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What is Specific Enthalpy?

Heike Kamerlingh Onnes, who first used the term enthalpy

Specific Enthalpy is the total energy in a system due to pressure and temperature per unit of mass in that system. Specific enthalpy is used in thermodynamic equations when one wants to know the energy for a given single unit mass of a substance. The SI units for specific enthalpy are kJ/kg (kilojoules per kilogram).

Specific enthalpy is calculated by taking the total enthalpy of the system and dividing it by the total mass of the system. It is written mathematically as:

h = H/m

where h is the specific enthalpy, H is the enthalpy of the system, and m is the total mass of the system. Specific enthalpy can also be written in terms of specific energy, pressure, and specific volume such that the following equation is true:

h = u + pv

where u is the specific energy, p is the pressure and v is the volume. This is to be seen as the specific enthalpy version of, and not to be confused with, the enthalpy equation:

H = U + pV

where H is the total enthalpy, U is the energy of the work done in the system, p is pressure, and V is the volume of the system.

In most thermodynamic applications, total enthalpy is not the quantity of interest. We want to know what the change in enthalpy, ΔH, for a given reaction or process will be. In any open system, the following is true:

ΔH = HFinal - HInitial

This merely states that the total energy change after a reaction is equal to how much energy is present at the end subtracted by the amount we started with. If a reaction adds energy to a system (endothermic), ΔH is positive and if a reaction subtracts energy from a system (exothermic), ΔH will be negative.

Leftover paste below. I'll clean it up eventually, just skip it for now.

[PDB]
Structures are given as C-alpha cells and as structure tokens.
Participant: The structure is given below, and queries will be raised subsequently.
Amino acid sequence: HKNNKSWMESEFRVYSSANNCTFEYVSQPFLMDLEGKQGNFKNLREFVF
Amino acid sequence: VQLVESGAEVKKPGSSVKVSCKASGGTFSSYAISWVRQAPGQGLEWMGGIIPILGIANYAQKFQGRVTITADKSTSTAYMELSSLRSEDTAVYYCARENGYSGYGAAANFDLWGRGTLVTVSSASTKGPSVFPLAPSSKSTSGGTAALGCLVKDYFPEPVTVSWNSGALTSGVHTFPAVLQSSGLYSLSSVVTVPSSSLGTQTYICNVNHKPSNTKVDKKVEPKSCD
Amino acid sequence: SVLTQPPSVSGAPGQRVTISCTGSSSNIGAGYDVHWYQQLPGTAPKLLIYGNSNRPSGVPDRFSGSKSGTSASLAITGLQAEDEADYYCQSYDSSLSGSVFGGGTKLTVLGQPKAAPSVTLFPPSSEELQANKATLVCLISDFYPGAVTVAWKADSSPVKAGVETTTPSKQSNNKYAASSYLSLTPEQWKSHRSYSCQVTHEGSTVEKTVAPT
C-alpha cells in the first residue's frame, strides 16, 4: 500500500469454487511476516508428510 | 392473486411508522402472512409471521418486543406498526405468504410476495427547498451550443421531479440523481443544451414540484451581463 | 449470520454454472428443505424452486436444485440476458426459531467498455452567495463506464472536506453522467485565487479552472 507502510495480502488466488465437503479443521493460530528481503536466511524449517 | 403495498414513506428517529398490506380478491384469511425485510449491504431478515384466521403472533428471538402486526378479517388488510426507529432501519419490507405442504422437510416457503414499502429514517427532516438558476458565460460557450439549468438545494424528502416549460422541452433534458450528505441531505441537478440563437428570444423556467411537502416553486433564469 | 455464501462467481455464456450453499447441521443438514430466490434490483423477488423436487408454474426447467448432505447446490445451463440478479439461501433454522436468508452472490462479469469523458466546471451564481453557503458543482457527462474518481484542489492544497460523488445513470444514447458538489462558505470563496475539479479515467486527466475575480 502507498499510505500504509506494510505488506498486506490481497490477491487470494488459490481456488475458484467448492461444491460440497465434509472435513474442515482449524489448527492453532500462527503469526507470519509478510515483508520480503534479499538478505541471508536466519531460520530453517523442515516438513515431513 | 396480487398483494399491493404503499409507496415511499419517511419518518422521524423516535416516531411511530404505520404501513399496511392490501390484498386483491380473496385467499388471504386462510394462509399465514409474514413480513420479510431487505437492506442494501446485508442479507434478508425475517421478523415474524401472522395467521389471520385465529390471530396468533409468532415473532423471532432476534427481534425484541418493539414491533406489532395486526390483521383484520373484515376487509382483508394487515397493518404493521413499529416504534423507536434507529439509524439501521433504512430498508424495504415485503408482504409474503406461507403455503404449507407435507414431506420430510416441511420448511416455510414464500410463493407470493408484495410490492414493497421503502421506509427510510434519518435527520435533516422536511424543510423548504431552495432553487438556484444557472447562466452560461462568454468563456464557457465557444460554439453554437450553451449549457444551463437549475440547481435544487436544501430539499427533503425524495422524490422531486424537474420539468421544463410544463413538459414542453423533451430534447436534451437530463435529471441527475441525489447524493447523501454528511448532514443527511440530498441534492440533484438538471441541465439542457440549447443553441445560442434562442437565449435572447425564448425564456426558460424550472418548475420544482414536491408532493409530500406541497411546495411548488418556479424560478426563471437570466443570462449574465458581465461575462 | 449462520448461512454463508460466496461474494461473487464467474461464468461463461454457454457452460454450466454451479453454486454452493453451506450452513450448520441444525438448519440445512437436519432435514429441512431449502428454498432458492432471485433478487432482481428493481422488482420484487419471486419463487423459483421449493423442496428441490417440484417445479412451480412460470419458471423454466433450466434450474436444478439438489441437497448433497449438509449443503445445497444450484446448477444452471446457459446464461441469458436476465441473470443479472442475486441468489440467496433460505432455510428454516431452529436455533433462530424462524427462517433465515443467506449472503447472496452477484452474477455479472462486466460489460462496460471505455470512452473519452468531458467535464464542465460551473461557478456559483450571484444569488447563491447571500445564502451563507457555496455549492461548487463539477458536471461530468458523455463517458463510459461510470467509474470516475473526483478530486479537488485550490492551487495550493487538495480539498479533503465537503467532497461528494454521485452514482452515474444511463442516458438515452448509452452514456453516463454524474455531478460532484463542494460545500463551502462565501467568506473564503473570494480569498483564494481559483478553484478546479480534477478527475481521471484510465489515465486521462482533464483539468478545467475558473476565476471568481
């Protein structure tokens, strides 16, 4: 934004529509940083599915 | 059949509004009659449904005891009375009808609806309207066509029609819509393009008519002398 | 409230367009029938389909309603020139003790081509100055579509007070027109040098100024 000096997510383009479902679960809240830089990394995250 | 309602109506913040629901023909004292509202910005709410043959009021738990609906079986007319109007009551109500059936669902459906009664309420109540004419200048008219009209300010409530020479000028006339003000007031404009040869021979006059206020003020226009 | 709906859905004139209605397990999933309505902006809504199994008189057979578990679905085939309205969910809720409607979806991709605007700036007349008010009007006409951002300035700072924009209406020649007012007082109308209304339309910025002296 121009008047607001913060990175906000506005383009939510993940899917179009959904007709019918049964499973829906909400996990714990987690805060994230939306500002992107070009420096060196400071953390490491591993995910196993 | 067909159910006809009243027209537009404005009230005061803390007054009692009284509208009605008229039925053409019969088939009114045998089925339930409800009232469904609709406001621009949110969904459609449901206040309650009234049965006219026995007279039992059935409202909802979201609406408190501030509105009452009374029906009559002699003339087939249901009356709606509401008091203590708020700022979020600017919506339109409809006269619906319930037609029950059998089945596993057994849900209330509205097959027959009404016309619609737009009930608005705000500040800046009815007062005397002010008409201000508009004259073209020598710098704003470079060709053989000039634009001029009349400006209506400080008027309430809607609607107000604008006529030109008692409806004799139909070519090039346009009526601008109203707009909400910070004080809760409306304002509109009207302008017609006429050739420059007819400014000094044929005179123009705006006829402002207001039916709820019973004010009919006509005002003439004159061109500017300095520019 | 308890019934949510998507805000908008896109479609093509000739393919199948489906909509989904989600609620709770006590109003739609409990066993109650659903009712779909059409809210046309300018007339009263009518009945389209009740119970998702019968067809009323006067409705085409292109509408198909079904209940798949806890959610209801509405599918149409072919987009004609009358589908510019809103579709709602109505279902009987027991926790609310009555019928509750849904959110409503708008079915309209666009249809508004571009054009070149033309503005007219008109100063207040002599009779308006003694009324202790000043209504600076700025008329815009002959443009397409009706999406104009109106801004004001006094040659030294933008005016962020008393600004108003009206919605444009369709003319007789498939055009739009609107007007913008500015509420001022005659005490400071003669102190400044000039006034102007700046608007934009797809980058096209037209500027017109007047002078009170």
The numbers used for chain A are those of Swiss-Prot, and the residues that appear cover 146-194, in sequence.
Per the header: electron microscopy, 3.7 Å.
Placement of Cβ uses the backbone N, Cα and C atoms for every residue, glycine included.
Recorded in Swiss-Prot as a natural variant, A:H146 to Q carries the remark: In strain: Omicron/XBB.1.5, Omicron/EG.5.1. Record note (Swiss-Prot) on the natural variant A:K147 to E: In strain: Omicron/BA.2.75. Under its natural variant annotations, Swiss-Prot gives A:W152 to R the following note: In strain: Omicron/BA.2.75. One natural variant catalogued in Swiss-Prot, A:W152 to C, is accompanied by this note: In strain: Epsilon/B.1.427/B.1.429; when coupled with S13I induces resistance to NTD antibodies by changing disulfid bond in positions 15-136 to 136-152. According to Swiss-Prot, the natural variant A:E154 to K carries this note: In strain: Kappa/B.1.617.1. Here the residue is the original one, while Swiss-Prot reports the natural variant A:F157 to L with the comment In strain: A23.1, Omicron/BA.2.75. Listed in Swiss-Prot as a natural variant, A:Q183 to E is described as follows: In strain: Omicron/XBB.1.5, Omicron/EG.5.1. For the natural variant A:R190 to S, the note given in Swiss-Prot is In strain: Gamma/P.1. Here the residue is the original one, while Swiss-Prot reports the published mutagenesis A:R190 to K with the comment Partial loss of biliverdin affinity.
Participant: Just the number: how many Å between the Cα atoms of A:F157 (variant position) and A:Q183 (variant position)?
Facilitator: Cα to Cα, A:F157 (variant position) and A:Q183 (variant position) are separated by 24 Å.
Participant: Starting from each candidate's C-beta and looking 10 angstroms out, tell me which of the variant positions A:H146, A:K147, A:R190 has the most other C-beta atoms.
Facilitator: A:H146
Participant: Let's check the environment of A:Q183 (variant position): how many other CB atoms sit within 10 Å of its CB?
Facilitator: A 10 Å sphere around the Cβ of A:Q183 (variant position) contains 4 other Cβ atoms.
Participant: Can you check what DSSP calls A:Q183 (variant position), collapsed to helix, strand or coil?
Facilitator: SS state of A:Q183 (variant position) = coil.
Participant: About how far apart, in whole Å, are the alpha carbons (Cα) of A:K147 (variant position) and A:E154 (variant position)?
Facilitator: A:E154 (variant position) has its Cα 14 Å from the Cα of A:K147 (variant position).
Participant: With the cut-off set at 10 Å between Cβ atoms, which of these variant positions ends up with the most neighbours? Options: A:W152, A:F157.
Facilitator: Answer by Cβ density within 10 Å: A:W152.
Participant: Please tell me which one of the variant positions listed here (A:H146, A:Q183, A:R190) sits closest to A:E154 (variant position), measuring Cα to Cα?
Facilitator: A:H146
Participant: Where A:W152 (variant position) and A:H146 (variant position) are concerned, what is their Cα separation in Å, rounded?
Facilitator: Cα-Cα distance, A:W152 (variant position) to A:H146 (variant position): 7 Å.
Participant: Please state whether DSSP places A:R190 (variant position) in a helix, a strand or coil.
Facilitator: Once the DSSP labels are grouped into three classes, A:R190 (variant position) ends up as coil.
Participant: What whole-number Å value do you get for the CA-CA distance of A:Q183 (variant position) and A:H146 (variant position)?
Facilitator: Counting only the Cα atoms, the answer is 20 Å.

Looking at the vaporization of water, the chemical equation is written as:

H2O(l) --> H2O(g)

For a given mole of liquid water, there is a certain change in enthalpy that has to occur for that mole of water to change state to a gas. This is known as the enthalpy of vaporization for water. From experimental data, this number is known to be 40.65 kJ/mol. In kilograms, this amounts to 2257 kJ/kg. It is essentially a value for the specific enthalpy change necessary to get one kilogram of water at boiling temperature (100 degrees Celsius) to change state to one kilogram of water vapor. Oftentimes, enthalpy and specific enthalpy seem almost confusingly intertwined in such a way that it’s hard to know if one is using a general enthalpy or a specific one. In the above case, we ended up with a specific enthalpy because we were doing a reaction for a specific substance, water. That is to say, we weren’t looking at a general thermodynamic situation, but confined ourselves to studying a specific case with only one kind of molecule.

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